I cursed at the hunk of metal for being stupid and thinking that maybe something in my regimen was very, very broken and needed to change. I even turned that ire toward myself for having such a stupid goal in the first place. Why voluntarily do this to myself for silly vanity? Who cares if I’m jacked or not? So stupid! And vain!
The interesting thing about this slice of my fitness experience is that it revealed the numerous head games that I have (and continue to) experienced in building my business. You will likely run into these same mind traps, too. For example:
- “I’m not cut out for this … this feels impossible and this was stupid to try anyway.”
- “Why aren’t things happening fast enough like that other person?”
- “This tactic isn’t working as well as I thought it would — time to try something new!”
Just like how I flipped out over the scale, there were many instances when these head games made me doubt what I was doing and want to quit out of rage. I’m glad I didn’t because I wouldn’t have learned to accept first-hand that progress never happens in a linear fashion (ah, so the success meme is true!), among these other lessons I’d learned from fitness.
Fitness taught me what’s realistic
When I started my fitness journey, I was prepared to be in it for at least three months and make satisfactory progress. Most people may lose half a pound to two pounds per week, on average, with variations depending on how much weight they have to lose to begin with.
Well, hold onto your gym shorts: It took me almost eight months to lose 13 pounds.
EIGHT FREAKIN’ MONTHS OF DISCIPLINE FOR 13 MEASLY POUNDS, PEOPLE. That’s a galaxy away from those dramatic “I was on this diet and I dropped 28 pounds in eight weeks!” type of stories.
I should’ve been happy. I’d made incredible progress for myself, but I only felt disappointment.
My downfall: unbridled expectations.
I thought I had reeled in my expectations, but part of me went into this still secretly hoping to be “special” enough to make great strides in record time. (No, this process often takes years.)
This disconnect between where I thought I SHOULD be and where I had actually gotten was unsettling. It was not that my work ethic or discipline was lacking. Ask my coach and he’ll tell you that I did everything that I thought was right.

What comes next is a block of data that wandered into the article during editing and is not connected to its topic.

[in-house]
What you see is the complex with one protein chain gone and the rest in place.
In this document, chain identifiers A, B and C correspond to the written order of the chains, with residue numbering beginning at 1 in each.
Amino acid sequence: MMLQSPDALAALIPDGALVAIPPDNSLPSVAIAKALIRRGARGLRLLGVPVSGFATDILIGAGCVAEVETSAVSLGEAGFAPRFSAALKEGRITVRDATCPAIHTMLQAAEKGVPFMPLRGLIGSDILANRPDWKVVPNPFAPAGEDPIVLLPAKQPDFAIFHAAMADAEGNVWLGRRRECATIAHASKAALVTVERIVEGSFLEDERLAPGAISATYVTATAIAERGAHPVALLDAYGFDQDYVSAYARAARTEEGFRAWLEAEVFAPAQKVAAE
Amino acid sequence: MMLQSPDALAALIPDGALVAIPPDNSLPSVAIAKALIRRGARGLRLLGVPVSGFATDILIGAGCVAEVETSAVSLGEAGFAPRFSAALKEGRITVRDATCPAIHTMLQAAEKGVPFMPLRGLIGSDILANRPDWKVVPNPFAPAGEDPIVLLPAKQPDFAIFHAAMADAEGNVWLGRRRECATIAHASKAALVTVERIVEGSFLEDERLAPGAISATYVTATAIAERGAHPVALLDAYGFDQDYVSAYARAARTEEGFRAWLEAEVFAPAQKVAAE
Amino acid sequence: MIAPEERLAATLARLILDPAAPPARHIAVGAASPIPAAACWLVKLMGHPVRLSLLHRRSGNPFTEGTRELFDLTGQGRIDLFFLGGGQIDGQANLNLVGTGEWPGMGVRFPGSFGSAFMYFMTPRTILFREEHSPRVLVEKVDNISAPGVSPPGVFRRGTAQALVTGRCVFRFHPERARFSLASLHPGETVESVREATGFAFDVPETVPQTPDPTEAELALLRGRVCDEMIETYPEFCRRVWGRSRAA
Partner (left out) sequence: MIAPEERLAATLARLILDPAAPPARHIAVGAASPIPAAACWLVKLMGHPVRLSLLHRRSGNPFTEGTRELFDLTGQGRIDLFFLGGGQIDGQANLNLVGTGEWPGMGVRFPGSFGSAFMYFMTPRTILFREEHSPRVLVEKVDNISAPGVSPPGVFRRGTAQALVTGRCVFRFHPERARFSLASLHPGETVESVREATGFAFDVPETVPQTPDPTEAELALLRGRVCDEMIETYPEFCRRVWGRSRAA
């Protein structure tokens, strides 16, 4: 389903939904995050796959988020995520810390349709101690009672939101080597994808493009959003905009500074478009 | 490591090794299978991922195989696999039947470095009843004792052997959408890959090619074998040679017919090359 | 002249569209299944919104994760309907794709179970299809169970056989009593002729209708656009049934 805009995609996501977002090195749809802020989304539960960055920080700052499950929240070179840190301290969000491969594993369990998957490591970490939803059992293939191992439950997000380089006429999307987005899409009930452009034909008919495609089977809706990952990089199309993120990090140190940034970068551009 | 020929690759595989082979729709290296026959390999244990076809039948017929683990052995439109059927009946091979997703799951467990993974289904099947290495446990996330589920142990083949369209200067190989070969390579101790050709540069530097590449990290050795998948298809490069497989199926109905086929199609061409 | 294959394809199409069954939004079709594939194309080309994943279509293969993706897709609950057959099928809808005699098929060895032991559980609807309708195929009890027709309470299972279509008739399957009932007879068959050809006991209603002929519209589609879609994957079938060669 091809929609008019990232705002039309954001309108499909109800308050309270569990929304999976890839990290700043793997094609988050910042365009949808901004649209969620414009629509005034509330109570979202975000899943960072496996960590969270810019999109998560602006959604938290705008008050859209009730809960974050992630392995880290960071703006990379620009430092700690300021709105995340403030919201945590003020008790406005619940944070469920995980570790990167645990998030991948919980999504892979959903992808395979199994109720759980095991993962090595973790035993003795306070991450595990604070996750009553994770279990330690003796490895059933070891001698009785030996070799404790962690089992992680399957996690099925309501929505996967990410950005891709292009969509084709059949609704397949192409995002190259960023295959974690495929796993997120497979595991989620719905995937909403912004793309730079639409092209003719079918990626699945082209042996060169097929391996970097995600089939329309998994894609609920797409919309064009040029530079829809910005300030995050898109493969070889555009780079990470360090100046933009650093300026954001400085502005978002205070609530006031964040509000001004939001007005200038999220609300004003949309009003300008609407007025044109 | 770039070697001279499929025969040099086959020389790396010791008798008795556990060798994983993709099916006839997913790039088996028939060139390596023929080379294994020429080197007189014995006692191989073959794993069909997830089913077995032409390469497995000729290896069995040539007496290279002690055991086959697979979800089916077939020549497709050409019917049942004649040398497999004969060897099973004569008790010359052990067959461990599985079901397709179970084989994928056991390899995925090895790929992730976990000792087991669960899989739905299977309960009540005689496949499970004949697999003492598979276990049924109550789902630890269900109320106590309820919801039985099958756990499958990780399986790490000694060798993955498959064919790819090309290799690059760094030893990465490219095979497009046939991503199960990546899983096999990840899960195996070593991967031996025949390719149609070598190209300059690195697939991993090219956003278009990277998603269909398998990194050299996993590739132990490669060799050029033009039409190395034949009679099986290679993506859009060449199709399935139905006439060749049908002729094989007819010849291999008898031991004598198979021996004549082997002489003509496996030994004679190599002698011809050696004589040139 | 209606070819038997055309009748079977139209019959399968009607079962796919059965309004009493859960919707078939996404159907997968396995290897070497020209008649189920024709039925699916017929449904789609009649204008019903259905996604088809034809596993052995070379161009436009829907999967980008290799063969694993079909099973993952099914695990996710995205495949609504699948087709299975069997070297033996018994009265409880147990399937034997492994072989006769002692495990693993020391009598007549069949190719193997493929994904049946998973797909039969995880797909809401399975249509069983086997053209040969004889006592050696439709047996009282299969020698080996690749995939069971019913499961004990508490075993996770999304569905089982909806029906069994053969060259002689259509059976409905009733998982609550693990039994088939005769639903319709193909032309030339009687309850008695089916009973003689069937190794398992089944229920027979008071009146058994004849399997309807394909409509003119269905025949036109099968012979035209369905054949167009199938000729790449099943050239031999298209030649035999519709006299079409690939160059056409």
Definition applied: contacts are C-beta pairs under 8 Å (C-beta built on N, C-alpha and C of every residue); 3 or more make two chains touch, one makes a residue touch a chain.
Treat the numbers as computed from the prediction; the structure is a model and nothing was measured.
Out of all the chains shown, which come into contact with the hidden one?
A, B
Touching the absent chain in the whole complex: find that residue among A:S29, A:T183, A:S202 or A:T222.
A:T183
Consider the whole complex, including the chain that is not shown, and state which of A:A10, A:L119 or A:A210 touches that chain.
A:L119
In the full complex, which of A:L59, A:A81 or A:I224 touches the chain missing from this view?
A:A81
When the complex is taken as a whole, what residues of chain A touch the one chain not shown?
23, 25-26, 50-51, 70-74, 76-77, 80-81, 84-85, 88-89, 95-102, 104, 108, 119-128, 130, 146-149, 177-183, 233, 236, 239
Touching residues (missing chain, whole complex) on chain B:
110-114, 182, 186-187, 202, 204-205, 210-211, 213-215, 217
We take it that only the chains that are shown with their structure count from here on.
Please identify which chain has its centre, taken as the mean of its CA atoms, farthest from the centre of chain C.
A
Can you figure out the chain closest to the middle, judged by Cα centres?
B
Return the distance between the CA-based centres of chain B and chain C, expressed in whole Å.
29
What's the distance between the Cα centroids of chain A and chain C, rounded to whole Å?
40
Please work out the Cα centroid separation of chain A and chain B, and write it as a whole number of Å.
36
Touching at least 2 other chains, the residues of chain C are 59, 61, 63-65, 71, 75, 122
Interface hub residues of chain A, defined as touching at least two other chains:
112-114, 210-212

Reality didn’t care about my emotions. The chemical process that leads to weight loss doesn’t respond to my “motivation.” The results are the results.
The business analogue to this would be starting your website, throwing up a few blog posts and lead magnets, and expecting to rake in six figures within a year because you read that someone else “made it” in six months. And hey, maybe that COULD happen assuming literally everything goes perfectly in your favor, but real life can be kind of a jerk.
You may laugh uncomfortably at that earlier meme of what success looks like, but it never quite hits home until, again, you fumble your own way through and learn that progress really does not happen in a linear fashion, or as you’d expect.
Fitness taught me to trust in the process
Have you ever met anyone who was clearly fit and told you that they worked out “sometimes”? I haven’t either.
Oh, you have? That person is a liar.
I learned that the difference between the people who can keep up their fitness regimen regularly and those who repeatedly fall off and get back on, not getting anywhere, isn’t that the former have more willpower or that they’re higher evolved beings. People that stay in shape have placed a firm trust in what they do, through slowly programming these habits into their day-to-day. They know that their efforts will compound over weeks, months, and years.
And eventually, they just do these things without thinking about it anymore.